Is there one book that you would read to your grandchildren?

Charles Kuralt Interview Photo
Charles Kuralt: I can't really think of one book. I don't think that any one book contains the wisdom of the ages. For what purpose would I be reading it to them? For love of language I would choose a Shakespeare play -- for other purposes, other works.

The Bible, of course, jumps to mind, but again, it's for the literature in it. I think there are passages of Ecclesiastes, for example, that are almost enough to persuade you that the book was divinely inspired, because they're so beautifully, beautifully composed.

Far more likely that a young person would be reading a book to me. Microsoft Word For Dummies comes to mind. I still have a lot to learn.

What does the American Dream mean to you?

Charles Kuralt: Let me answer with an anecdote.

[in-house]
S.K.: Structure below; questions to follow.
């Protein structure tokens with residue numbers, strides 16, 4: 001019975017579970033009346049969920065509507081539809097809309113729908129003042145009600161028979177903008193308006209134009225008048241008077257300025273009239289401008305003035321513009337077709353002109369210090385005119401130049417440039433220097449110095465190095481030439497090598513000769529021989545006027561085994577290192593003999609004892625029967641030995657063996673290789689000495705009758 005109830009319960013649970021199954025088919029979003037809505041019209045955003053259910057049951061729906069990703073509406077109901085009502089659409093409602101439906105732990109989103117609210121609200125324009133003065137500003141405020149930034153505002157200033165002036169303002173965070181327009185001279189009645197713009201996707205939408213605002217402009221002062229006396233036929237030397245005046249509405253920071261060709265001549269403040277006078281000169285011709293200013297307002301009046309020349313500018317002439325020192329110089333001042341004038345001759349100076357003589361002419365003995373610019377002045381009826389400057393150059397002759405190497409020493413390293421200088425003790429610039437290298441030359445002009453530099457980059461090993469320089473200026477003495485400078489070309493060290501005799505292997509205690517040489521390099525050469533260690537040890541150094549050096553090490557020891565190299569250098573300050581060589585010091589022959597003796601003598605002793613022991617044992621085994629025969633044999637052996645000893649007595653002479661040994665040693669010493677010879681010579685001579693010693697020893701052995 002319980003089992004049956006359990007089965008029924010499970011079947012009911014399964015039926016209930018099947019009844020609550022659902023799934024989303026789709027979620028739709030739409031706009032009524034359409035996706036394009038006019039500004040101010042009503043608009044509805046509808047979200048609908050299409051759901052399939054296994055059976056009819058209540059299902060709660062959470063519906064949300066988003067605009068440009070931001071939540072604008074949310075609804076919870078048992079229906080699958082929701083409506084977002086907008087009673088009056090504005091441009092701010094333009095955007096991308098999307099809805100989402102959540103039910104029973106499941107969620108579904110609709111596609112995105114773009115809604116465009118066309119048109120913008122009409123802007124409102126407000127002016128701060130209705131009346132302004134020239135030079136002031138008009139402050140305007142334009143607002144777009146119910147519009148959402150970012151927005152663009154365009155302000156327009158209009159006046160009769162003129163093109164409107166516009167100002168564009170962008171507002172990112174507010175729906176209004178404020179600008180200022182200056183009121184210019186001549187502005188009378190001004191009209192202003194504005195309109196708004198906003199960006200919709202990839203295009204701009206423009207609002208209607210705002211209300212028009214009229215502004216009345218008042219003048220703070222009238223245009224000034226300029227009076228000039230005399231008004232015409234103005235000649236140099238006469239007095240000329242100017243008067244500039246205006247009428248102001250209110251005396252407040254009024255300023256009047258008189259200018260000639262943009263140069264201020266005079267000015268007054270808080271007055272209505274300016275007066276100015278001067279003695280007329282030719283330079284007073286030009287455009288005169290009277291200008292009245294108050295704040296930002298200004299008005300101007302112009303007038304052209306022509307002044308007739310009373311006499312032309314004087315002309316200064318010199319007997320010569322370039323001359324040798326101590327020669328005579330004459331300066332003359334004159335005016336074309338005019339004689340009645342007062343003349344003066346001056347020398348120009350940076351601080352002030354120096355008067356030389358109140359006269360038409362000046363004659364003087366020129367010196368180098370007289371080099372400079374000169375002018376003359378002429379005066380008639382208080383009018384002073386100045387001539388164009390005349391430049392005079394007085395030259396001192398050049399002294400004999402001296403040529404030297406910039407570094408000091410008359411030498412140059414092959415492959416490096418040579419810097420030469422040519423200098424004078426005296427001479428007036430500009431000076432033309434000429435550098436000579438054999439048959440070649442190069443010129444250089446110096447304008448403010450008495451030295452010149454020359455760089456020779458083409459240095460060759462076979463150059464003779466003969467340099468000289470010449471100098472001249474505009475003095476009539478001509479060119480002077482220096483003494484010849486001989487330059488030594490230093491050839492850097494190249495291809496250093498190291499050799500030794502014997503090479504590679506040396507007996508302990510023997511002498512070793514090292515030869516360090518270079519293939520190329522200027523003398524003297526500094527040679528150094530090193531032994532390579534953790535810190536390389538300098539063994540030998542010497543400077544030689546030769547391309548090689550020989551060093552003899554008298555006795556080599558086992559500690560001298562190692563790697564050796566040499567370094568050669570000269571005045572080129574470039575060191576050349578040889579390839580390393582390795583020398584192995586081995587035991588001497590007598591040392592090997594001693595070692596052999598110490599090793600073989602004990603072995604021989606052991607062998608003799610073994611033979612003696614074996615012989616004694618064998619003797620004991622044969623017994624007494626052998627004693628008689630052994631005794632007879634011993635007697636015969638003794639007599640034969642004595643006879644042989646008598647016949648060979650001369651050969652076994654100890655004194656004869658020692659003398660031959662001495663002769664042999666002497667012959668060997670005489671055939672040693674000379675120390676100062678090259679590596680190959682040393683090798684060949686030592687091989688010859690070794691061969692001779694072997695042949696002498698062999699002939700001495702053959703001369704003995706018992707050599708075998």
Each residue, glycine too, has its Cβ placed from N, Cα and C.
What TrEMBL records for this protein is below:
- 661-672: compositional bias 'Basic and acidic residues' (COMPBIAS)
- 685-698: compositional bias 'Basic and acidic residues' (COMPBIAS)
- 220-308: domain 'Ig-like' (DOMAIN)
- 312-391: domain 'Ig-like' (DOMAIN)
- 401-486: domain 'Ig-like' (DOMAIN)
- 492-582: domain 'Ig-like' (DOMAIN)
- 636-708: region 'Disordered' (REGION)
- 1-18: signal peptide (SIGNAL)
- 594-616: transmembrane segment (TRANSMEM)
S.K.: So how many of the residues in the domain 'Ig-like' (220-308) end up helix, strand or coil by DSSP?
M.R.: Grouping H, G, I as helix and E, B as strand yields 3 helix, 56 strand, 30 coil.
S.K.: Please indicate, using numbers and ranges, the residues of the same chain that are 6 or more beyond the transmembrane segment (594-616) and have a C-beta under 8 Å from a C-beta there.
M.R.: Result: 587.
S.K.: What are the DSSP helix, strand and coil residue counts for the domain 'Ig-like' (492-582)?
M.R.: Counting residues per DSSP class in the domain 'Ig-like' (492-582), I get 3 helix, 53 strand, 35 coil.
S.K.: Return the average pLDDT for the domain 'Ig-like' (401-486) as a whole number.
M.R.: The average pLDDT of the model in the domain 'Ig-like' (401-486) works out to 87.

We did a story about a black family in the poorest part of Mississippi one time, the Chandlers. There were eight or nine children and the oldest of them decided he wanted to go to college, which had never happened in that family, I assure you. All his parents could do for him was hitch up the mule to the wagon -- they didn't own either the mule or the wagon -- and go into town and borrow two dollars for bus fare to send him off to college. From that beginning he became Dr. Cleveland Chandler, the head of the Department of Economics at Howard University. And, each of his younger brothers in sisters in turn went on to college, most of them to graduate degrees. There was a Baptist minister from Colorado and the head nutritionist of a veteran's hospital in Kansas City, people of accomplishment in every case. And, one of them wrote me a letter and said, "You really ought to come see us because we are something." Their parents' 50th anniversary was coming up, it happened also to be Thanksgiving Day. From all over America, all the children came back to the new house they had built to replace the shack they had grown up in. And, looking back on those days of picking cotton all summer to afford to go back to school, helping the younger brothers and sisters accomplish what they had accomplished and looking back on the humblest beginnings that any family could ever have, all we did all afternoon was cry.